By Alvise Lennkh-Yunus and Giulia Branz, Sovereign & Public Sector Ratings at Scope Ratings
Private investors will need to increase their holdings of Italian government debt by about EUR 90-120bn a year in the years ahead given the government’s elevated financing needs and the winding down of ECB bond purchases. The burden will increasingly fall on Italian investors if higher yields fail to re-attract foreign investors.
The government’s reliance on its strong domestic investor base is reassuring, along with Italy’s favourable debt profile, current political stability and EU support. Still, as private investors compensate for the ECB’s declining holdings, market volatility may increase should poor economic and fiscal performance weaken investor confidence.
Shifting financial market conditions have changed the pool of investors that the Italian Treasury is used to tapping. Foreign investors reduced government securities holdings to 28% from 33% of total since the summer of 2021, equivalent to a decline of almost EUR 110bn to EUR 635bn in October 2022, the lowest level since 2015, when they held 40% of Italy’s total securities. The Bank of Italy, banks and other resident investors compensated for these declines.
Figure 1: Italy’s government securities, by holding sector
Change in holdings from July 2021 in EUR bn (lhs); share of total securities (rhs)
Source: Banca d’Italia, Macrobond, Scope Ratings.
The Bank of Italy’s holdings, allowing for temporary deviations, should not increase following the ECB’s decision to halt net asset purchases under its QE programs. The ECB’s plans point to a decline of about EUR 20-30bn in the Bank of Italy’s holdings this year. Should the ECB continue with annual APP reductions of about EUR 25bn per month from 2024 onwards, its annual reduction of Italian government securities’ holdings could reach EUR 40bn over the coming years.
European support reduces market volatility…
The ECB will remain a comforting presence in the market for Italian debt. The Eurosystem will continue to refinance most of its holdings of Italian public debt over the coming years, accounting for over 30% of total outstanding Italian government securities (EUR 716bn in November 2022).
Moreover, the ECB can activate additional tools in case of excessive market fragmentation in the euro area, including the possibility to apply flexibility in the reinvestments of its PEPP holdings (EUR 1.7tr, of which EUR 288bn relate to Italian government securities) and the yet to be activated Transmission Protection Instrument. The availability of these tools has helped cap government bond spreads in the euro area in recent months.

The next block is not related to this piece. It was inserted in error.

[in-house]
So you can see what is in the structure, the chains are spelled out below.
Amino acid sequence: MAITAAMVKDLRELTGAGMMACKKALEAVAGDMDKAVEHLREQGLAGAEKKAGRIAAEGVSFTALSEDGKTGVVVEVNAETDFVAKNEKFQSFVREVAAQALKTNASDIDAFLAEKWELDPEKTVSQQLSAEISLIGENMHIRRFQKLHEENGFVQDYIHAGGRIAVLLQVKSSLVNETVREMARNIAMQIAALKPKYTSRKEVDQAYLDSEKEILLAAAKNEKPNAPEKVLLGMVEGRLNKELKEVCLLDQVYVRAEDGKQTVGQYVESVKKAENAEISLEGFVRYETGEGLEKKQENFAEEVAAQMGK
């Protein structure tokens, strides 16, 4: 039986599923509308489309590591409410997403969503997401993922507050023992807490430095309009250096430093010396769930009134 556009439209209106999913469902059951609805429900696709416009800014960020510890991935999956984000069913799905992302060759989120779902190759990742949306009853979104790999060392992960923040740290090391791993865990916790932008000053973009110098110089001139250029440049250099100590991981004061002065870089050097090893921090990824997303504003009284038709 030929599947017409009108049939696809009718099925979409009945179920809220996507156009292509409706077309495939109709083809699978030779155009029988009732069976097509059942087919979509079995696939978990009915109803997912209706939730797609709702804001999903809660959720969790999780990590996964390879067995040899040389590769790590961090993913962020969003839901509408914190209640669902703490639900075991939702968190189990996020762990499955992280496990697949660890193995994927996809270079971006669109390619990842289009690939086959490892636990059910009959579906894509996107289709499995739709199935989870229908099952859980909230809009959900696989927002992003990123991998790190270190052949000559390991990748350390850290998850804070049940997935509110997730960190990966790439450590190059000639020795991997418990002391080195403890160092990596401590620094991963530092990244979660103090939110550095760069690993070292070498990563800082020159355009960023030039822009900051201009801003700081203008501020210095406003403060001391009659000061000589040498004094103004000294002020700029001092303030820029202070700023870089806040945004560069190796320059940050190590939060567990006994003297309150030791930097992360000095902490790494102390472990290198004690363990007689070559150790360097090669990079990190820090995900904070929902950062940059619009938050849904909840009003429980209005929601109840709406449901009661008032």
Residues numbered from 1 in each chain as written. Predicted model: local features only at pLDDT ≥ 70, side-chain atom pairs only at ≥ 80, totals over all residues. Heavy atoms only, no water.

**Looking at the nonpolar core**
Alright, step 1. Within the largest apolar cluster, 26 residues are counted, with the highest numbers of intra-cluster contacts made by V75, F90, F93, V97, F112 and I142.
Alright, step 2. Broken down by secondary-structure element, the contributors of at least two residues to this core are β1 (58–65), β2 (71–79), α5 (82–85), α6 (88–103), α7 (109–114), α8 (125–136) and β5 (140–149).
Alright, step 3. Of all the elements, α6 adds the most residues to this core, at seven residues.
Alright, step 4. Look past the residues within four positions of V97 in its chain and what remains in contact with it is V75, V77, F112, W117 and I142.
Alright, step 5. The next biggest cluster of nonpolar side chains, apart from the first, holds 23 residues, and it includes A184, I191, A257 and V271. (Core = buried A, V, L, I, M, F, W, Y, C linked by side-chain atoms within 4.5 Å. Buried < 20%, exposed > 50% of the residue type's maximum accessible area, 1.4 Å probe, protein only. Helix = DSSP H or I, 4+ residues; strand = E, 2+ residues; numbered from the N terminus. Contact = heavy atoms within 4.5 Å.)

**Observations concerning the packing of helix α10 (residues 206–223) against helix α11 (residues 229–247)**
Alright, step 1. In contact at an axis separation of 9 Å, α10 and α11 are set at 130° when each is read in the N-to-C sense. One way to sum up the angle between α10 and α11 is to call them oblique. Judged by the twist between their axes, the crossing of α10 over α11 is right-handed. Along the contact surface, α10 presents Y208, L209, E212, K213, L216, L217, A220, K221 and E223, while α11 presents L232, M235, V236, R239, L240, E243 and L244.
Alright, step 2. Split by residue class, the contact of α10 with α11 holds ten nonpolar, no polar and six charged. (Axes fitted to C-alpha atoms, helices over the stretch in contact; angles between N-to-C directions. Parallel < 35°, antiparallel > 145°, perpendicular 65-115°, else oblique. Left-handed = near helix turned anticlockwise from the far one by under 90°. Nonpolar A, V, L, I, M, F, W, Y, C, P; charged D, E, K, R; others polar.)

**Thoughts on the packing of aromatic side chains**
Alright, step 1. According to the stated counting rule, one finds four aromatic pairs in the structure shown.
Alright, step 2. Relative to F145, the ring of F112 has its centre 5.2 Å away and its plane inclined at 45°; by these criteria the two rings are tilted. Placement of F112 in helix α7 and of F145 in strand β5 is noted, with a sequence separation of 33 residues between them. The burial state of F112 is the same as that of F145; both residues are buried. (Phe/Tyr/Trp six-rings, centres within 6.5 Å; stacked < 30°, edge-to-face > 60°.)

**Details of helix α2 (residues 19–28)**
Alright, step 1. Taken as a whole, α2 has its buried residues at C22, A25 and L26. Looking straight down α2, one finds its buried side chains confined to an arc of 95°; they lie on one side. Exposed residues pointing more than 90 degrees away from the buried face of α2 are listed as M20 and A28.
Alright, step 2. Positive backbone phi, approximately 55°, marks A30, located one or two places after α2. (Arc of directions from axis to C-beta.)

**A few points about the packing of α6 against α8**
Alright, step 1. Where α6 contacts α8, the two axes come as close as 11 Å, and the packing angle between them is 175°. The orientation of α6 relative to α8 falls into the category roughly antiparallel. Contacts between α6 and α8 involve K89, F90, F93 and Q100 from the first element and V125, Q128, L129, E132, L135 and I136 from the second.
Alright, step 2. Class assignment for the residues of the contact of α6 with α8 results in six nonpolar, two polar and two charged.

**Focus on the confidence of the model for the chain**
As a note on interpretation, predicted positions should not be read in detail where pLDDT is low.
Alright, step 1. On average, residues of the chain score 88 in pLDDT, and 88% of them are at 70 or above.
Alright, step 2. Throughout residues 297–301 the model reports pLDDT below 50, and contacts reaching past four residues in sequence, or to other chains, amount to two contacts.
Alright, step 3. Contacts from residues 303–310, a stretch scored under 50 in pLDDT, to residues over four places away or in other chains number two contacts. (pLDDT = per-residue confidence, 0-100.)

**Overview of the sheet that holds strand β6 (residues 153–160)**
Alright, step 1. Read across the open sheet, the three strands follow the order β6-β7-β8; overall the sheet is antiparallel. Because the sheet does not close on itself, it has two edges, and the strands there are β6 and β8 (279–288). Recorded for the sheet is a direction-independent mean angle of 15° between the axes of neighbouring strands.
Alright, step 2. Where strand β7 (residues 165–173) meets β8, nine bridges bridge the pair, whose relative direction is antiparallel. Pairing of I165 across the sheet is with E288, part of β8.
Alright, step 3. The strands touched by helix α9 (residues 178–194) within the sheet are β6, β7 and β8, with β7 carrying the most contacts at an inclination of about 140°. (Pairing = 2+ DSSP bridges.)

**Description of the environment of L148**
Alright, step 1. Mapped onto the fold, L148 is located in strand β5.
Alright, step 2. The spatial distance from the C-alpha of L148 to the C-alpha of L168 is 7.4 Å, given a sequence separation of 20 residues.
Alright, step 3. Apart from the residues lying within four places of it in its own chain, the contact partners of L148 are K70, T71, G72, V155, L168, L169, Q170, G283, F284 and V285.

…but private investors needed to absorb funding needs
Still, given Italy’s (BBB+/Stable) elevated net issuance of about EUR 90bn in 2023 and EUR 70-80bn until 2027, as well as the reduction of the ECB’s holdings, private investors will need to increase their holdings of Italian government debt by about EUR 90-120bn annually. This compares with a cumulative reduction of around EUR 163bn since the start of QE in March 2015, despite the EUR 448bn increase in outstanding securities over the same period. Should foreign investors not return to Italy’s debt market despite more attractive yields, the resulting gap will need to be compensated by domestic institutional or retail investors.
Italian banks, usually the first to step-in to cushion shifts in other investors’ behaviour, may face limits in their absorption capacity, given an already elevated exposure to government debt, increasing risks of a sovereign-banking nexus. Their holdings amount to over 10% of their assets, which is high compared to Spanish (7%) and Portuguese banks (5%).
For this reason, the Italian government’s funding strategy includes attracting retail investors through dedicated financing instruments, such as the BTP Italia and the BTP Futura. Higher yields should make these investments attractive to domestic households, which have high financial assets of EUR 4.8trn, of which EUR 1.6trn in cash and deposits – a key credit strength.
Similarly, the Green BTP, introduced in 2021, may also attract new ESG-focused investors. However, issuance is likely to remain limited given the constrained pool of sustainable expenditures in the State Budget.
Political stability and commitment to fiscal consolidation key
The relative political stability since the September elections driven by the new government’s parliamentary majority and commitment to an orthodox and Europe-friendly policy on the back of a resilient economic and fiscal outlook for 2023, has eased financial market conditions for Italy in recent months. The 10-year government bond yield has dropped to below 4% and the spread narrowed to 180-200bps.
Critically, this happened with de facto no intervention by the ECB, as reflected in the cumulative net reduction of EUR 746m of its combined Italian PEPP and PSPP holdings since the elections in September 2022. Sticking to a constructive dialogue with the European authorities, achieving its stated fiscal targets and return to a primary surplus is key for the government to maintain investor confidence as the ECB continues its policy tightening.
Figure 2 – ECB net asset purchases of Italian government bonds under the PSPP and PEPP programs EUR bn
*Split equally between months given bi-monthly reporting by ECB. Latest data point Dec/Jan.
Source: Macrobond, Scope Ratings